The package **nevada**
(NEtwork-VAlued Data Analysis) is an R package for the statistical
analysis of network-valued data. In this setting, a sample is made of
statistical units that are networks themselves. The package provides a
set of matrix representations for networks so that network-valued data
can be transformed into matrix-valued data. Subsequently, a number of
distances between matrices is provided as well to quantify how far two
networks are from each other and several test statistics are proposed
for testing equality in distribution between samples of networks using
exact permutation testing procedures. The permutation scheme is carried
out by the **flipr**
package which also provides a number of test statistics based on
inter-point distances that play nicely with network-valued data. The
implementation is largely made in C++ and the matrix of inter- and
intra-sample distances is pre-computed, which alleviates the
computational burden often associated with permutation tests.

You can install the latest stable version of **nevada**
on CRAN with:

`install.packages("nevada")`

Or you can install the development version from GitHub with:

```
# install.packages("remotes")
::install_github("astamm/nevada") remotes
```

In this first example, we compare two populations of networks generated according to two different models (Watts-Strogatz and Barabasi), using the adjacency matrix representation of networks, the Frobenius distance to compare single networks and the combination of Student-like and Fisher-like statistics based on inter-point distances to summarize information and perform the permutation test.

```
set.seed(123)
<- 10L
n <- nevada::nvd(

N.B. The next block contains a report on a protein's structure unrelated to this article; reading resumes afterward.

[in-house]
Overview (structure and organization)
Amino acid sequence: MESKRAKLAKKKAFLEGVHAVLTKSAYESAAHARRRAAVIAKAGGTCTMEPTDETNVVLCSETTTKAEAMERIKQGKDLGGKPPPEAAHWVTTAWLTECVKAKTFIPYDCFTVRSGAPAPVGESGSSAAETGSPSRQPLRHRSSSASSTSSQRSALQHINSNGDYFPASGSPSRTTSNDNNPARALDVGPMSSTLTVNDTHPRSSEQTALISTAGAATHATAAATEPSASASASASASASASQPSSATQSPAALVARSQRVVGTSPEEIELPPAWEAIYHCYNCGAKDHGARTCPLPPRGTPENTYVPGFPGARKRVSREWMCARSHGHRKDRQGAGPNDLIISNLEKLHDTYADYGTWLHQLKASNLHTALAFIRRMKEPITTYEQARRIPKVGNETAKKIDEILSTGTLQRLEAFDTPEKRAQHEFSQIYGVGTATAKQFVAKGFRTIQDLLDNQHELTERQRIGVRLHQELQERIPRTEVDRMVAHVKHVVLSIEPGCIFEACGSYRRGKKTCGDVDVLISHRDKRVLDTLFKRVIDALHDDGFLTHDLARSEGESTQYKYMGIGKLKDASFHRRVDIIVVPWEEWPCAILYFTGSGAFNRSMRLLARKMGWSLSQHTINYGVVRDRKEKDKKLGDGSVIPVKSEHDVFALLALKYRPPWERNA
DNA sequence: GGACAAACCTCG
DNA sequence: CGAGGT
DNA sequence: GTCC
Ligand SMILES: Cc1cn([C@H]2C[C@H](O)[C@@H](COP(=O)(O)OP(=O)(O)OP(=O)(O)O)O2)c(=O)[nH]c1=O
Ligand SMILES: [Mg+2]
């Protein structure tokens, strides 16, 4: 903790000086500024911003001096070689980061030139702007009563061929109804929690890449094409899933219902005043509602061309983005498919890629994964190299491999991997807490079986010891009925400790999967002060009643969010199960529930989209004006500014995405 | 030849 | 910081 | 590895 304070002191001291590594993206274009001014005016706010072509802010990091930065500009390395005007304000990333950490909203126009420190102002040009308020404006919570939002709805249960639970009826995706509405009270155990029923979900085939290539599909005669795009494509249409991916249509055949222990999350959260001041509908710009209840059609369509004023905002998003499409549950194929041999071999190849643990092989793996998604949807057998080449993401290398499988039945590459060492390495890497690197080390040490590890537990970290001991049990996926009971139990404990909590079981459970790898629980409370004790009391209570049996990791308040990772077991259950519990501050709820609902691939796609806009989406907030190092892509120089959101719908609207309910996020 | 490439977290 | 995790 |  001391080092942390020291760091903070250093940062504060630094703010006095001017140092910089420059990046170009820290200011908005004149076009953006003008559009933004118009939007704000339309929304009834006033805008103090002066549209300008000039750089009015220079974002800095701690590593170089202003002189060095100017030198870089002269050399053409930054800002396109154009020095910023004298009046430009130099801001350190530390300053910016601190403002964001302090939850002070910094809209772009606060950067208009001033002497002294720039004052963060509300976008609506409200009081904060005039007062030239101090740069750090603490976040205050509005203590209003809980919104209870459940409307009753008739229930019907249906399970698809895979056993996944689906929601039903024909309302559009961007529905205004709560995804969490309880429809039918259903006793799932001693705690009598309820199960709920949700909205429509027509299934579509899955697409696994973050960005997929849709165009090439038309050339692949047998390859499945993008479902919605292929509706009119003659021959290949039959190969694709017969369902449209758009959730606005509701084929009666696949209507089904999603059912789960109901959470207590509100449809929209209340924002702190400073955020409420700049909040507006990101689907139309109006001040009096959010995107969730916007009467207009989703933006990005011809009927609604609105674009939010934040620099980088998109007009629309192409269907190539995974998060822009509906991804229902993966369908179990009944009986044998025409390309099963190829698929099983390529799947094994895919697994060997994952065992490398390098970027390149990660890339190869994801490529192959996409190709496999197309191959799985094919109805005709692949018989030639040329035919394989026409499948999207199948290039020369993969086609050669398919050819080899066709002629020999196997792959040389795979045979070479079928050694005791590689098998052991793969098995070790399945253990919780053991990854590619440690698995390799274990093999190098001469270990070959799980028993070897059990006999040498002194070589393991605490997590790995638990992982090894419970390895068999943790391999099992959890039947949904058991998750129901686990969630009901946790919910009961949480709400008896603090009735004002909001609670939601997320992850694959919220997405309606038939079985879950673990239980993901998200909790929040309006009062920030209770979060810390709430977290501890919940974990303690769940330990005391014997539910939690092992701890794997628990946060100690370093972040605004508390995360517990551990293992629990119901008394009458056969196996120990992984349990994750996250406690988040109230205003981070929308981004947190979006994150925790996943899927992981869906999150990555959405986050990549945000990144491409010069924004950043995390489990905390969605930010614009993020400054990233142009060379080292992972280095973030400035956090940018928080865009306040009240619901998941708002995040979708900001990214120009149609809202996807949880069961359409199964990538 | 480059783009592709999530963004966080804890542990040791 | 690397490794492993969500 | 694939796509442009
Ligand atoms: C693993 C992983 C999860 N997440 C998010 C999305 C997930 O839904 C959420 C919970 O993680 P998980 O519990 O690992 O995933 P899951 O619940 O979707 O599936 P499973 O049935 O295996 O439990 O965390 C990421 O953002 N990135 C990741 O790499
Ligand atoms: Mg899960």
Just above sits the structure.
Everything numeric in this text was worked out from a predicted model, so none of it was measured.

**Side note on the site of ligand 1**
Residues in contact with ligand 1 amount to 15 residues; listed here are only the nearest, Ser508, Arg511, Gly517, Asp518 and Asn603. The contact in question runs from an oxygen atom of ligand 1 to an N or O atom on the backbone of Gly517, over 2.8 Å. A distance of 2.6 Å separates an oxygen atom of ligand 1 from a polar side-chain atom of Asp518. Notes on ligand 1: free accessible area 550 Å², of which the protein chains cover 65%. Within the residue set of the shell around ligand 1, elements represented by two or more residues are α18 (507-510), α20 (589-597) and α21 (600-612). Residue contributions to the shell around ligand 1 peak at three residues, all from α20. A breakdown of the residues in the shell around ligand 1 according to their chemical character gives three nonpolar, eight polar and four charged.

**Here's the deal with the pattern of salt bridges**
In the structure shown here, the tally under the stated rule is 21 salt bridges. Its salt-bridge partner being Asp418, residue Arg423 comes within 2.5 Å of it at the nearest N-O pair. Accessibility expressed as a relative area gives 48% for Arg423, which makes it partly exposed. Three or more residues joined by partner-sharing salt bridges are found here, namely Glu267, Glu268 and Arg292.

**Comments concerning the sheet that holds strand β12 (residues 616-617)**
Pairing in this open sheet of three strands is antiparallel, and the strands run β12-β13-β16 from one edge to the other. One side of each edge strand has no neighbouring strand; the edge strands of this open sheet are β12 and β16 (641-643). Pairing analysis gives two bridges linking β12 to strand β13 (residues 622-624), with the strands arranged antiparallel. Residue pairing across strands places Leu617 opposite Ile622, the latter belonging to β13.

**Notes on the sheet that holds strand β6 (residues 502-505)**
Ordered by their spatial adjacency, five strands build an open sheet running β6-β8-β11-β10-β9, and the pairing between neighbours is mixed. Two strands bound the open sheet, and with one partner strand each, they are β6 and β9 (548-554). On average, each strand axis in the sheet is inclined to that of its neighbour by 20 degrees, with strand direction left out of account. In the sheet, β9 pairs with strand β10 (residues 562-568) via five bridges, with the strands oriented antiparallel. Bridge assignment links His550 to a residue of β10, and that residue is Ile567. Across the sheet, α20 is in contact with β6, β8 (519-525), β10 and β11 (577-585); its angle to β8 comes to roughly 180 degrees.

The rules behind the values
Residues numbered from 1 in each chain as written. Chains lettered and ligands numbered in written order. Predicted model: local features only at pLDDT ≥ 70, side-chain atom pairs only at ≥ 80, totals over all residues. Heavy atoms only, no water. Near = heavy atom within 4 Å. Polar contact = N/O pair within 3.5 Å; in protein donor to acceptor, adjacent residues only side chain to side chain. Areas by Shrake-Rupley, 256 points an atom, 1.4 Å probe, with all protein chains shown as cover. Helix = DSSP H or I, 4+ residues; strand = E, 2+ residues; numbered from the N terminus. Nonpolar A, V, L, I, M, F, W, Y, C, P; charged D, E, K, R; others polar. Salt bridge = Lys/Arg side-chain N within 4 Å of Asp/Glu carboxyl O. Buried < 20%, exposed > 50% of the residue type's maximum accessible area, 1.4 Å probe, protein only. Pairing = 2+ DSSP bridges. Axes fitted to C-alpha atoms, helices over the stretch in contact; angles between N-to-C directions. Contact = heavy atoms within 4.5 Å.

x model = "smallworld",
n = n,
model_params = list(dim = 1L, nei = 4L, p = 0.15)
)<- nevada::nvd(
y model = "pa",
n = n,
model_params = list(power = 1L, m = NULL, directed = FALSE)
)
```

By default the `nvd()`

constructor generates networks with
25 nodes. One can wonder whether there is a difference between the
distributions that generated these two samples (which there is given the
models that we used). The `test2_global()`

function provides
an answer to this question:

```
<- nevada::test2_global(x, y, seed = 1234)
t1_global $pvalue
t1_global1] 0.0009962984 [
```

The p-value is very small, leading to the conclusion that we should reject the null hypothesis of equal distributions.

Although this is a fake example, we could create a partition to try to localize differences along this partition:

`<- as.integer(c(1:5, each = 5)) partition `

The `test2_local()`

function provides an answer to this
question:

```
<- nevada::test2_local(x, y, partition, seed = 1234)
t1_local
t1_local$intra
# A tibble: 5 × 3
E pvalue truncated<chr> <dbl> <lgl>
1 P1 0.175 TRUE
2 P2 0.175 TRUE
3 P3 0.175 TRUE
4 P4 0.0859 TRUE
5 P5 0.00299 FALSE
$inter
# A tibble: 10 × 4
E1 E2 pvalue truncated<chr> <chr> <dbl> <lgl>
1 P1 P2 0.175 TRUE
2 P1 P3 0.175 TRUE
3 P1 P4 0.0859 TRUE
4 P1 P5 0.0240 FALSE
5 P2 P3 0.175 TRUE
6 P2 P4 0.00499 FALSE
7 P2 P5 0.000996 FALSE
8 P3 P4 0.0140 FALSE
9 P3 P5 0.00200 FALSE
10 P4 P5 0.0420 FALSE
```

In this second example, we compare two populations of networks generated according to the same model (Watts-Strogatz), using the adjacency matrix representation of networks, the Frobenius distance to compare single networks and the combination of Student-like and Fisher-like statistics based on inter-point distances to summarize information and perform the permutation test.

```
<- 10L
n <- nevada::nvd("smallworld", n)
x <- nevada::nvd("smallworld", n) y
```

One can wonder whether there is a difference between the
distributions that generated these two samples (which there is given the
models that we used). The `test2_global()`

function provides
an answer to this question:

```
<- nevada::test2_global(x, y, seed = 1234)
t2 $pvalue
t21] 0.9999973 [
```

The p-value is larger than 5% or even 10%, leading us to failing to reject the null hypothesis of equal distributions at these significance thresholds.